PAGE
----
Well, except for my first boyfriend, who was a Big Mistake. Adding fuel to the my anti-social fire, he caused me to hate men for nine years. But that’s a story I will probably never reveal on this blog. Some things are just none of your business. 😉
(If you’re really curious, I give a little more detail about the relationship in my book, No More Broken Hearts.)
Anyway. There were young women I called “friends” during my teens and college years. But I was only ever invited into a clique because one member, for whatever reason, felt drawn to me (or sorry for me) and pulled me in. My relationships with all of them were superficial. I rarely went out with them, and never talked about Big Important Stuff. The two girls I felt might have been my “best friends” in high school, I eventually sabotaged the relationships (a few years after college).
Except, at the time I didn’t realize what I was doing.
I didn’t keep up with any of my college “friends” once I graduated. When I started teaching in Dallas, I distanced myself from colleagues. I did actually fall into a real friendship my second year, and we became, in her words, “best buds.” All I can say about that is that it was a God thing.
The fact of the matter is, God put her in my life to be my pastor, although I wouldn’t realize that until about four years ago.
Despite that, I was generally afraid to get close to people. I had learned that the end result could be very painful, and I didn’t want to go through a decapitated kitten trauma ever again.
So I closed myself off.
I wonder now, after having read All For Anna, if I was suffering from PTSD.
How I recovered, sort of
Long story short: in 1997, I tried eating a diet that didn’t work for my body and I shriveled up, going from ninety to seventy-seven pounds in the space of three months.
I went from skinny to Holocaust survivor physique. (I’m five-foot-three, in case you’re wondering.)
Some people who were attending the same worship fellowship that I was at the time noticed. Approached me about praying for me, though I didn’t know why. Then, as they laid hands on me and circled around me, somebody said, “eating disorder.”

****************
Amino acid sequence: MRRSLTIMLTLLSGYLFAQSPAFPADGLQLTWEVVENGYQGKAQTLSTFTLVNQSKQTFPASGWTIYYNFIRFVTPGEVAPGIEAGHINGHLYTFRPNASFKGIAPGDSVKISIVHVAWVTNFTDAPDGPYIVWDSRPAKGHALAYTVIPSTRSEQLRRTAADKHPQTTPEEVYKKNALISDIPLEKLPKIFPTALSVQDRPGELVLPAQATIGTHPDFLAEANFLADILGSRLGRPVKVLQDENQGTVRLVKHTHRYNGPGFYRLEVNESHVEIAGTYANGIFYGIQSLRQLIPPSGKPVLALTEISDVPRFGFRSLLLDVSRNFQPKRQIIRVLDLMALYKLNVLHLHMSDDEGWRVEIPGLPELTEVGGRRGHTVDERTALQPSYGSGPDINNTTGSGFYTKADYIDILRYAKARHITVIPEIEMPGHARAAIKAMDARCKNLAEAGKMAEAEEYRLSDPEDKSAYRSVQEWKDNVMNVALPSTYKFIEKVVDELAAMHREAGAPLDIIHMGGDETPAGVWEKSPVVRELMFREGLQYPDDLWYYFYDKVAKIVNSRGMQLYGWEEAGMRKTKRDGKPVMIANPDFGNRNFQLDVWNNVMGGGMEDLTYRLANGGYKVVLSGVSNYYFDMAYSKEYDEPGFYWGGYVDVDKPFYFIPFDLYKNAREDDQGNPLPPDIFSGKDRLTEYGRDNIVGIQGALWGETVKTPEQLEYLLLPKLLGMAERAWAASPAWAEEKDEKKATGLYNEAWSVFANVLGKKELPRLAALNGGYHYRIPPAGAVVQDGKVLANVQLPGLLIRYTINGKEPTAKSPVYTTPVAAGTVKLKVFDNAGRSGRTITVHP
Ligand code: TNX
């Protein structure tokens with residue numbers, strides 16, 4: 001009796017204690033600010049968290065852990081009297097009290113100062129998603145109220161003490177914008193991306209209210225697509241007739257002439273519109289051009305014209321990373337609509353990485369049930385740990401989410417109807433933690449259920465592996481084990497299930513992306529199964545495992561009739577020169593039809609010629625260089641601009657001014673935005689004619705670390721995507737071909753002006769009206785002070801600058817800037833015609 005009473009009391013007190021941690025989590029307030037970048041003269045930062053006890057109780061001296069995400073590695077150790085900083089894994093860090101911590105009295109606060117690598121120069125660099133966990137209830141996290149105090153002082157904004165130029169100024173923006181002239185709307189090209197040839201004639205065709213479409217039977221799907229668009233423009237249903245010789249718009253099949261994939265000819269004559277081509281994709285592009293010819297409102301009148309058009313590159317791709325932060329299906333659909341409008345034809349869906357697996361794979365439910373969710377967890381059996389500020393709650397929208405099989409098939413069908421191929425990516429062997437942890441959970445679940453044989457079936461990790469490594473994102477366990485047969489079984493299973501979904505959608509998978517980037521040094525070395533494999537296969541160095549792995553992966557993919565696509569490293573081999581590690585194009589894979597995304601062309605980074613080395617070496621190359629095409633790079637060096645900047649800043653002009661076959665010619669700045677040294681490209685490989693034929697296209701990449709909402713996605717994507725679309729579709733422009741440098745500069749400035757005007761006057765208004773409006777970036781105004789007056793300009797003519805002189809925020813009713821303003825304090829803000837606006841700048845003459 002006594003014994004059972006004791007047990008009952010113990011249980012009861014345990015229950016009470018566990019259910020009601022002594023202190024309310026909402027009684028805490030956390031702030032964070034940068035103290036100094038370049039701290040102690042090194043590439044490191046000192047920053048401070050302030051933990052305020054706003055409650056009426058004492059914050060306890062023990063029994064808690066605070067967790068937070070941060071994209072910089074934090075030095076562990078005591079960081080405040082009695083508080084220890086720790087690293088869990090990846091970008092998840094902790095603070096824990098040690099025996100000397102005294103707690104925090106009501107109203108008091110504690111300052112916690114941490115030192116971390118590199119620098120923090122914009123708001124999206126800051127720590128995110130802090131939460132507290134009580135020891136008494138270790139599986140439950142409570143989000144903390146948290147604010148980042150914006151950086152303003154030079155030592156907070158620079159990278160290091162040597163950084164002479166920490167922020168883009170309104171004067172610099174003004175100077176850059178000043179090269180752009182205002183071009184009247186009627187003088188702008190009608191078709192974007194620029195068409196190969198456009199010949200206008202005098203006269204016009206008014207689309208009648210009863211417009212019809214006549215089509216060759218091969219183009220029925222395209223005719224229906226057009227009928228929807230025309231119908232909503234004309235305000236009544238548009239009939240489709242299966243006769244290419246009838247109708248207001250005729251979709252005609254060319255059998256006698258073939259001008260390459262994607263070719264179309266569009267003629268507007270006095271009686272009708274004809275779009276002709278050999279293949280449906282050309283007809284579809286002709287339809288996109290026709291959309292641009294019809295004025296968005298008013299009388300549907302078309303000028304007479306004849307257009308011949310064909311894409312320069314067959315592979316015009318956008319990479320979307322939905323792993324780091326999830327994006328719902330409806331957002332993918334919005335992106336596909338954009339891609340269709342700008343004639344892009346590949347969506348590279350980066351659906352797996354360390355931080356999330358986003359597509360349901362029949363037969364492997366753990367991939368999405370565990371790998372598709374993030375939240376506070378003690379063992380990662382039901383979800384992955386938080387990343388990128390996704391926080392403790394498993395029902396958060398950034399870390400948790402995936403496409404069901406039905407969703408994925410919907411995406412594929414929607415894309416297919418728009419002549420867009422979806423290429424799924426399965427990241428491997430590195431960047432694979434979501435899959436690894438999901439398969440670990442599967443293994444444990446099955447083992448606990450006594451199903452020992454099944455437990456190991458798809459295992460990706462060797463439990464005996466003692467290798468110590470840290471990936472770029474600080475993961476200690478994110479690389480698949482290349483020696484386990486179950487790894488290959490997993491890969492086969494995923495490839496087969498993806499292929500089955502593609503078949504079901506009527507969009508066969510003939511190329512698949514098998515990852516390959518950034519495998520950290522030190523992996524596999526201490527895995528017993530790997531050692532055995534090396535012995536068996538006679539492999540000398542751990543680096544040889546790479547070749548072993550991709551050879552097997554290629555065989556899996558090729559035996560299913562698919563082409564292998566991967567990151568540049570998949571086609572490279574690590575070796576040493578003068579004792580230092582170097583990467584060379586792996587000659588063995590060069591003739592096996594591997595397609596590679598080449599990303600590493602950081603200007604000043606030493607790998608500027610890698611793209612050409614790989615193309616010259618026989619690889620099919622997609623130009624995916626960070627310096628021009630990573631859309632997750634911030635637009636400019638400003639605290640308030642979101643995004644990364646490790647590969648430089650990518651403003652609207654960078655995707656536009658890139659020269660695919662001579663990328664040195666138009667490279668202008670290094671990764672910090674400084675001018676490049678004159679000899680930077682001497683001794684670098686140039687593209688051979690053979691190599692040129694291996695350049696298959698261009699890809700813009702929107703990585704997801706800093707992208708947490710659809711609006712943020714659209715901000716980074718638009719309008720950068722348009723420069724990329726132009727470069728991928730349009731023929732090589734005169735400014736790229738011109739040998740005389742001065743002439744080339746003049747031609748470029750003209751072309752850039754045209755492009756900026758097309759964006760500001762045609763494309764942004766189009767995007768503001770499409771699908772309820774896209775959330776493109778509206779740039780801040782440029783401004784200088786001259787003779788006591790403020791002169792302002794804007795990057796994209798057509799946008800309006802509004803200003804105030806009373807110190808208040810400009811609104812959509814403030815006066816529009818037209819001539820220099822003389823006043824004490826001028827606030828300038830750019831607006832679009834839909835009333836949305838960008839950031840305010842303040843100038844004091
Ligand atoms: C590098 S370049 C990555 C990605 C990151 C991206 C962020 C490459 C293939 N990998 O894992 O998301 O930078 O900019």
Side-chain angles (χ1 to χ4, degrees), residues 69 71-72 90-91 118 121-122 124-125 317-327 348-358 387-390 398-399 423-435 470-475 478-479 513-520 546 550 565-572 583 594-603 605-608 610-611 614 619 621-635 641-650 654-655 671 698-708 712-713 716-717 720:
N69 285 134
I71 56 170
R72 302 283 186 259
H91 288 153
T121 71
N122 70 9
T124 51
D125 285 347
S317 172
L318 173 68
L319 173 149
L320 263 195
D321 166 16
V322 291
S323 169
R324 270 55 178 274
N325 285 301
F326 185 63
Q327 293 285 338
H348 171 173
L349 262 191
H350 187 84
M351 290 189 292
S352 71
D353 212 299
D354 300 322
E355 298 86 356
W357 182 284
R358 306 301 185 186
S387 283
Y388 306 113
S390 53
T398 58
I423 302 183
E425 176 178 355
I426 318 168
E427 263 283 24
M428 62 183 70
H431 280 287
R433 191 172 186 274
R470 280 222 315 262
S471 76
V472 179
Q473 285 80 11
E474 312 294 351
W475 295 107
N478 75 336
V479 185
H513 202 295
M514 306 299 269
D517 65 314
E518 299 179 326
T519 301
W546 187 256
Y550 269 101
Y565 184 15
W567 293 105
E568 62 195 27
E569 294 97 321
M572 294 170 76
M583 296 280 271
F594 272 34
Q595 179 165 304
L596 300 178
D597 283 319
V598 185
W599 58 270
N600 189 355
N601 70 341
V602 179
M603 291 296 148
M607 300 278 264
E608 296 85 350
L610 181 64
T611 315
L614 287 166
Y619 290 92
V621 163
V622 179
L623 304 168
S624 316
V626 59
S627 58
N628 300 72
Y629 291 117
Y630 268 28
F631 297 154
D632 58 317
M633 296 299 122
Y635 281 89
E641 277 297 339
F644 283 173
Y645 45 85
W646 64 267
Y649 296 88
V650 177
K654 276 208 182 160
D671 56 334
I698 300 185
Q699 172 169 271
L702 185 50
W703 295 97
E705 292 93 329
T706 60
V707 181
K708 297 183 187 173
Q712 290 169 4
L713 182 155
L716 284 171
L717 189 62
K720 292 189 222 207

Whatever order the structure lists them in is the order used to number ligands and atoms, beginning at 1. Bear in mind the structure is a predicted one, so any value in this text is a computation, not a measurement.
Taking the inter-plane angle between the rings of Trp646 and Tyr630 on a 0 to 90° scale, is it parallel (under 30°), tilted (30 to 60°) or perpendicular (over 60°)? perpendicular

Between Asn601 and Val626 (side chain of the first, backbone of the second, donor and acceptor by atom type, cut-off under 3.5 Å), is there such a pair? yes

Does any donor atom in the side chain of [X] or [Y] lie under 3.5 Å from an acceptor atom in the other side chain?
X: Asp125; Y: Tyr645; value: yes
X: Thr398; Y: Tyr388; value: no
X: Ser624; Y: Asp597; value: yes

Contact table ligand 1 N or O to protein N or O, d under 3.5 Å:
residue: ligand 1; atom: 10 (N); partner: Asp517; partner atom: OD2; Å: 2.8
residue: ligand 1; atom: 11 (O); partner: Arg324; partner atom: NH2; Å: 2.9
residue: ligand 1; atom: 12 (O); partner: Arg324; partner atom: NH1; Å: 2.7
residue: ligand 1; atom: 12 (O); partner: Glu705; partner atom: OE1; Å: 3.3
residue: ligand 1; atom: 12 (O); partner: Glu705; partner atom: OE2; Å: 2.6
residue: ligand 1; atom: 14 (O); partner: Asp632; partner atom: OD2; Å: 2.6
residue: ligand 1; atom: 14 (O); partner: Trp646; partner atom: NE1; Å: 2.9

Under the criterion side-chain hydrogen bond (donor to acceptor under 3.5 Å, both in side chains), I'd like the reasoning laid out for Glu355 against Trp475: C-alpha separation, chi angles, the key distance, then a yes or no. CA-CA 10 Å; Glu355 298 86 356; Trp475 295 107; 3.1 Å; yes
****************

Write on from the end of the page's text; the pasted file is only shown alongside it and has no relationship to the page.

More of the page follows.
All my defenses went up. In short, I drove home without letting them finish the prayer. I had started eating more by then, but it hadn’t shown on my body yet, so I believed I was fine. Besides, these people ate the Standard American Diet, so they couldn’t possibly understand!
All the way home (it was a thirty minute drive), I felt an uncomfortable stirring in my gut. I knew God was trying to tell me that my bailing-out had been the wrong thing to do. It was so uncomfortable that as soon as I got home, I fell on my face in my apartment and cried out to God, saying, “What? What? What did I do wrong?”
Dear reader, there are only two times in my life when I heard the voice of God so clearly I absolutely could not mistake it for my own thoughts. It wasn’t audible, but it was what I would term a loud thought.
This day was one of those times. He said, “You won’t let Me love you through other people.”
This was a fellowship that had a Sunday evening service as well as Sunday morning. So right before service started, I went back to one of the women who wanted to pray with me that morning, apologized, and asked her to pray again. A small group took me to one of the classrooms and prayed.
I won’t go into what happen here, because talking about the one obvious miracle I know I’ve received in my life is not the purpose of this post. Suffice to say that after that, I started opening up more to people. Being more transparent. I developed more closer friendships.
But it was a long road.
So, what do you think? PTSD? Or am I stretching it? If I’m not, I wonder how many non-military people out there suffer from it and don’t know it?